What Stitches Can’t Heal

May 2, 2018

One summer day my sister Lindsay and I decided to go on a bike ride before dinner. My old home was around a hilly area, so we always enjoyed the thrill of going down the hill on our bikes. There was an especially steep hill around the corner from our house. I let Lindsay take the lead and I followed behind. I could tell she was going faster and faster as she was going down, but I thought she could handle herself. I remember watching her from behind as she pulled back on the brakes to stop. She and the bike both fell together, and with that came a cry for help. I immediately dropped my bike and rushed over to find a huge bloody scrape across her leg. I sprinted back to the house screaming for help. A few hours later we were stuck in the emergency room. The doctor told my family that the scrape was deep and that it would require twelve stitches. I felt bad for my sister and thought that this was probably the most painful event she has gone through, as she was only seven years old at the time. However, this was not the only pain my sister would have to endure later that same week.


There is always a point in your life when you feel like everything is falling apart. You feel useless and unhelpful and that there is nothing you can do about it. When I first heard that my parents were separating I thought it was my fault. My fault for getting in the way and my fault for ruining a relationship that will never be fixed. Guilt had built up in me. I thought to myself, what could have possibly gone wrong? How will my life change now? And what does all this mean? Many tears were shed when thinking that I would never have a regular family again, the same way tears were shed when my sister hurt her leg. I was ten at the time, and could not fully comprehend what this meant for our family. My parents were getting into a divorce.


About a week later after the bike accident, my parents called my sister and me down for a family meeting. Being the kid that I was, I didn’t think that was a big deal. Yet once I realized my life would never be the same, my spot on the couch seemed to stand still. I remember feeling confused and frustrated as if my parents were giving up on our family. They both agreed that it was for the better, but through my ten-year-old lens, it wasn’t. I had a million thoughts going through my head. I saw what divorce was like through my friends, and I never thought I would be in the same dilemma as them.


My sister reacted in quite a different fashion than I had towards the divorce. It did not bother her one bit. I remember directly after our family meeting she asked, “Can I play outside now?”, proving that she either understood the situation perfectly or not at all. On the other hand, there was me, processing every situation and cause, convinced the whole world was crashing down. I went back up to my room afterwards to think. I knew my parents were having arguments, but I did not realize it was going to come down to this. I could not handle the truth at my age. It did not feel real.


My sister’s leg healed quickly after her bike accident, much more quickly than it took me to even begin healing after hearing the news of my parent’s divorce. At first, I thought of what life would be like having two homes. I thought about the switching between houses every week, splitting holidays and birthdays, and the overall change in schedules of everyday life. I did not want my life to change, and most importantly, I did not want my family to feel broken. To this day my mom tells me she wanted me to be happy and have a normal life, and she would not let this divorce get in the way of it. The same way my sister did not let her injury get in the way of her life at the time. She continued to do all the activities she wanted.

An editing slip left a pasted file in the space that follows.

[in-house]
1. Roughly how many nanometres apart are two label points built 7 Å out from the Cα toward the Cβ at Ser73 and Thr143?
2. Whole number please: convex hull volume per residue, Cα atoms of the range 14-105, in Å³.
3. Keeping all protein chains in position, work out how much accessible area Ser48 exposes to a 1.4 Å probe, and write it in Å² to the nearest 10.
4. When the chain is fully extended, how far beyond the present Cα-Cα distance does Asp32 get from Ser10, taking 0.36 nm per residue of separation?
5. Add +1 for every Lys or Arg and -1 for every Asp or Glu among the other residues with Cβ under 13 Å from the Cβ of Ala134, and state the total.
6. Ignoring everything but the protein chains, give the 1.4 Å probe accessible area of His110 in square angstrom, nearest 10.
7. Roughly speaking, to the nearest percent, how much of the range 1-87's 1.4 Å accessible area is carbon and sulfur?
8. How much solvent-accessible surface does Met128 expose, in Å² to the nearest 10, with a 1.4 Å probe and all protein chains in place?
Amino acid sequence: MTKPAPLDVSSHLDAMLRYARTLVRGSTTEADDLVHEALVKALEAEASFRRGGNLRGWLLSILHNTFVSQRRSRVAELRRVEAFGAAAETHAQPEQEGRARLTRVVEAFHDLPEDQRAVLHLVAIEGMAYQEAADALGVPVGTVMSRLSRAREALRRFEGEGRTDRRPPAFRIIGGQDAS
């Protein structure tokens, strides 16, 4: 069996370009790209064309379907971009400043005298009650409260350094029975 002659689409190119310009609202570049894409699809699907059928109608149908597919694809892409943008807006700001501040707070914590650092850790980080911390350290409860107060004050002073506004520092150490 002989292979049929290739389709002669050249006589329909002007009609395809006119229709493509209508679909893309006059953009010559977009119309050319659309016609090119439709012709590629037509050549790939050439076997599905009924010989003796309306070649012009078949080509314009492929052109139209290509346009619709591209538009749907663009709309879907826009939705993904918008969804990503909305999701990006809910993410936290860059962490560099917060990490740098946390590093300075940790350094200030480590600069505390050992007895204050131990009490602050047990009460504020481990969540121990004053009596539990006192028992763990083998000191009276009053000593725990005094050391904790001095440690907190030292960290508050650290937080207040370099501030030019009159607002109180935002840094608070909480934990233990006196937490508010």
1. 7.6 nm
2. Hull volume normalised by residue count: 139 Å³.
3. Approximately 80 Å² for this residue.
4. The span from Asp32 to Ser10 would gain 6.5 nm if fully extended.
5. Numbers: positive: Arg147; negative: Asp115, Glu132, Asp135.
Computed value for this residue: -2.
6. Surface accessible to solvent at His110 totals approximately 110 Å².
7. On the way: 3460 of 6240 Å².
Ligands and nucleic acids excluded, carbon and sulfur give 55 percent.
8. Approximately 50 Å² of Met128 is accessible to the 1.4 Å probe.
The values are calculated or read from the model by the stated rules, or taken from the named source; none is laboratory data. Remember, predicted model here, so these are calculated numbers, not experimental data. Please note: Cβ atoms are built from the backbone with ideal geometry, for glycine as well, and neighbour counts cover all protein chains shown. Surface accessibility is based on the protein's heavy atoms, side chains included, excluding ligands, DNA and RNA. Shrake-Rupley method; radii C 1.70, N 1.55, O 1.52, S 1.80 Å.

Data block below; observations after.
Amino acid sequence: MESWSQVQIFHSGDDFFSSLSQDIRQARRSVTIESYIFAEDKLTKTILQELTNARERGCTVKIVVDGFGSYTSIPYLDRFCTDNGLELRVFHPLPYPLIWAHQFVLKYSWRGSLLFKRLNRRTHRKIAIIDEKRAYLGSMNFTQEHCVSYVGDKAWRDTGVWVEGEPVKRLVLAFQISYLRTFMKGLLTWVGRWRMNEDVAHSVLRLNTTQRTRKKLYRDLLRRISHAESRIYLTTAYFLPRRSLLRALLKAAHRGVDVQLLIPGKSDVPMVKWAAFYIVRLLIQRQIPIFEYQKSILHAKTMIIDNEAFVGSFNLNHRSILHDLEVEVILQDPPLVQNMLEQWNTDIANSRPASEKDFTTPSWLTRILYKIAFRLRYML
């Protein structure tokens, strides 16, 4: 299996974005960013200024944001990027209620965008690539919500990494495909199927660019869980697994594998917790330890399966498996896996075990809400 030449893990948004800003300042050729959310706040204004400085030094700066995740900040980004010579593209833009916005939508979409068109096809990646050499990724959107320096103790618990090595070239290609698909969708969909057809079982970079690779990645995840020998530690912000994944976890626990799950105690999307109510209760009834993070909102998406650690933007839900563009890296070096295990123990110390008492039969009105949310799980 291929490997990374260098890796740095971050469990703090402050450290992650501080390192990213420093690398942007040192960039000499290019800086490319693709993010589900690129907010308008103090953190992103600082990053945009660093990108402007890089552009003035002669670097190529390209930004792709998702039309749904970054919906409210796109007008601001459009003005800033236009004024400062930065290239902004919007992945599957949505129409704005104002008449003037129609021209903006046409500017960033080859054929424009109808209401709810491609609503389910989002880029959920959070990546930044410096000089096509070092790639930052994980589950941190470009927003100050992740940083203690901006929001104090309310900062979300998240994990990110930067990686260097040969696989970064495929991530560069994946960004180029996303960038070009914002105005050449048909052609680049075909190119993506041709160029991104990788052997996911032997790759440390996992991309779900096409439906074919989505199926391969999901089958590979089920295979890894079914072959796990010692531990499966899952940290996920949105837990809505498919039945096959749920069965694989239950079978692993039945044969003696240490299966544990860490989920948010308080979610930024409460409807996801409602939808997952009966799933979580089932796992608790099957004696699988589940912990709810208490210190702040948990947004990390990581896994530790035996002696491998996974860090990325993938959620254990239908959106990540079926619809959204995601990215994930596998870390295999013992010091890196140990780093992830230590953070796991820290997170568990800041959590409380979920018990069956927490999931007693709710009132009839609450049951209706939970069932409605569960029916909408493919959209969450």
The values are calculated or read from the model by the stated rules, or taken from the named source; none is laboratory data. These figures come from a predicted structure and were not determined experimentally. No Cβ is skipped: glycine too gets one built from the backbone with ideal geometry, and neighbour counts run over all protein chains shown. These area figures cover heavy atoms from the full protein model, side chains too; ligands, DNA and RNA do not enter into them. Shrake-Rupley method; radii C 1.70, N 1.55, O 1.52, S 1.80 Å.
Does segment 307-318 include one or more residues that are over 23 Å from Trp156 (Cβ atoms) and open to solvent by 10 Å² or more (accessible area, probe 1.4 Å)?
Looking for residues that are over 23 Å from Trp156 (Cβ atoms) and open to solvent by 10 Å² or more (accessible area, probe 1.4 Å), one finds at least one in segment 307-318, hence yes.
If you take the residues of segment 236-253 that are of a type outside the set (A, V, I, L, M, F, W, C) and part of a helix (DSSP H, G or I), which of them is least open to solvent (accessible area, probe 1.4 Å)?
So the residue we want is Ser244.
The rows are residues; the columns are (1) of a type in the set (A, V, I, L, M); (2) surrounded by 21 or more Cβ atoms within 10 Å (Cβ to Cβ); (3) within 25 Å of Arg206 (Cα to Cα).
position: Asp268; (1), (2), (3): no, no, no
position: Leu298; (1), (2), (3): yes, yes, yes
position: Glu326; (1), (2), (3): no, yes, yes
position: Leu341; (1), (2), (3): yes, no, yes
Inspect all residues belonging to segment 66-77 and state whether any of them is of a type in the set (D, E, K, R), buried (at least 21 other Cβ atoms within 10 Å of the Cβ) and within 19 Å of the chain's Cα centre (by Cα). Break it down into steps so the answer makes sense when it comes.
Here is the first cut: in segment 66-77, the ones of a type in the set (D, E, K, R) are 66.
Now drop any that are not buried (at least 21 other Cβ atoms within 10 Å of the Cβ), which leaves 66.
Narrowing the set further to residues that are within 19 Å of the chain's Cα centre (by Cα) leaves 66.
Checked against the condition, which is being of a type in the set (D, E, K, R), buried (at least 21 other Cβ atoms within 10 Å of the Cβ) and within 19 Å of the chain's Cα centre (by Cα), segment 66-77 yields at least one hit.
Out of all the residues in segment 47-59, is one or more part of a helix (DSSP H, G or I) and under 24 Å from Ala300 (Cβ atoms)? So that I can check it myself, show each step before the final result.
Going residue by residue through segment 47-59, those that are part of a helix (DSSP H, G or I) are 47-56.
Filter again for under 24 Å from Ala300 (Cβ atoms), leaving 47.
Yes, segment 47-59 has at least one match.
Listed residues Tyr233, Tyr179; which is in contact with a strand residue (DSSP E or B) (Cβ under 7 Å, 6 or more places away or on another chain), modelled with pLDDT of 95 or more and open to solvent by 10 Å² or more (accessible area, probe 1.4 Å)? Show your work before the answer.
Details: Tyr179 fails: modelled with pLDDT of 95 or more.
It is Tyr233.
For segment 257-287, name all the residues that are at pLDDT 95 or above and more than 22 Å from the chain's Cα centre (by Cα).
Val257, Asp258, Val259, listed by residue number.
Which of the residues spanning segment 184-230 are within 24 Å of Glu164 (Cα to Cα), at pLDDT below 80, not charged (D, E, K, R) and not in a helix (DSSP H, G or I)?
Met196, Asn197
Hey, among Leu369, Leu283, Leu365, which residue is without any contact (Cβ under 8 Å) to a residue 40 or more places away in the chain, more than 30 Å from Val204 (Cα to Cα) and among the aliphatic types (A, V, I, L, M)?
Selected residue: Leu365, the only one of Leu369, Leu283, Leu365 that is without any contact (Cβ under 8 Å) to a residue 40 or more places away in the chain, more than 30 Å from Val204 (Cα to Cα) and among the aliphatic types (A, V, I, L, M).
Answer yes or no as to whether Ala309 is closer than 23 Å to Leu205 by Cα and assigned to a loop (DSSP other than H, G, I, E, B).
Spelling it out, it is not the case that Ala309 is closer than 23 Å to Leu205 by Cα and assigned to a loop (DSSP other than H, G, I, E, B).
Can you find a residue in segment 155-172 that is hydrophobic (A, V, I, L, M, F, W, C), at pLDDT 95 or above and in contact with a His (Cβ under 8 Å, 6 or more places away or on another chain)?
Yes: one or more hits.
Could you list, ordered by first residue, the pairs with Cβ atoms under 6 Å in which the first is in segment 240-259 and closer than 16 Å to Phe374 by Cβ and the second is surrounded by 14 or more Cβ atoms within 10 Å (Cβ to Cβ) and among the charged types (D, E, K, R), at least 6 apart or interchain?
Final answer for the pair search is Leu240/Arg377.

While thinking in my room, I tried to think of the positives. I guess this could mean more presents on Christmas and my birthday, but I wanted to talk to my sister about this. We are only three years apart but we share a tight bond. I could tell her anything that was on my mind at any moment, and in times like this I really needed someone to talk to and a shoulder to cry on. I remember gazing out my window as I watched her wrap up her leg with a large band-aid. I watched her pull her bike out of our garage and hop back on. Was she still going to ride that bike after her injury? When I saw her do this I realized how strong she was. She hopped back on that bike after it had hurt her. We were, in fact, both hurt in different ways. She sustained a physical injury, while mine was emotional. I was hurting because news of the divorce had been thrown on me an hour before. I needed to be more like my sister. I need to hop back into reality the same way my sister hopped back on her bike. I needed to be strong, accept and respect my parent’s decision. Suddenly I no longer need my sister’s shoulder to cry on. Her actions were enough.


Throughout the years I have learned to accept the divorce more and more. I believe that it has not only changed my way of life but the way I look at life as well. It has taught me to believe that circumstances won’t bring you down as long you don’t let them. I believe that I have become a stronger person as a result of this major event in my life. A more grown perspective made me realize why the decision was made, and that the better option was to form separate happy families instead of sticking with one that isn’t. My parent’s divorce helped prepare me for the future because as I continue to mature I realize that nothing is perfect. But perfect does not define your happiness, acceptance does. My heart hurt after my parent’s divorce, but over time it healed, just like my sister’s leg.






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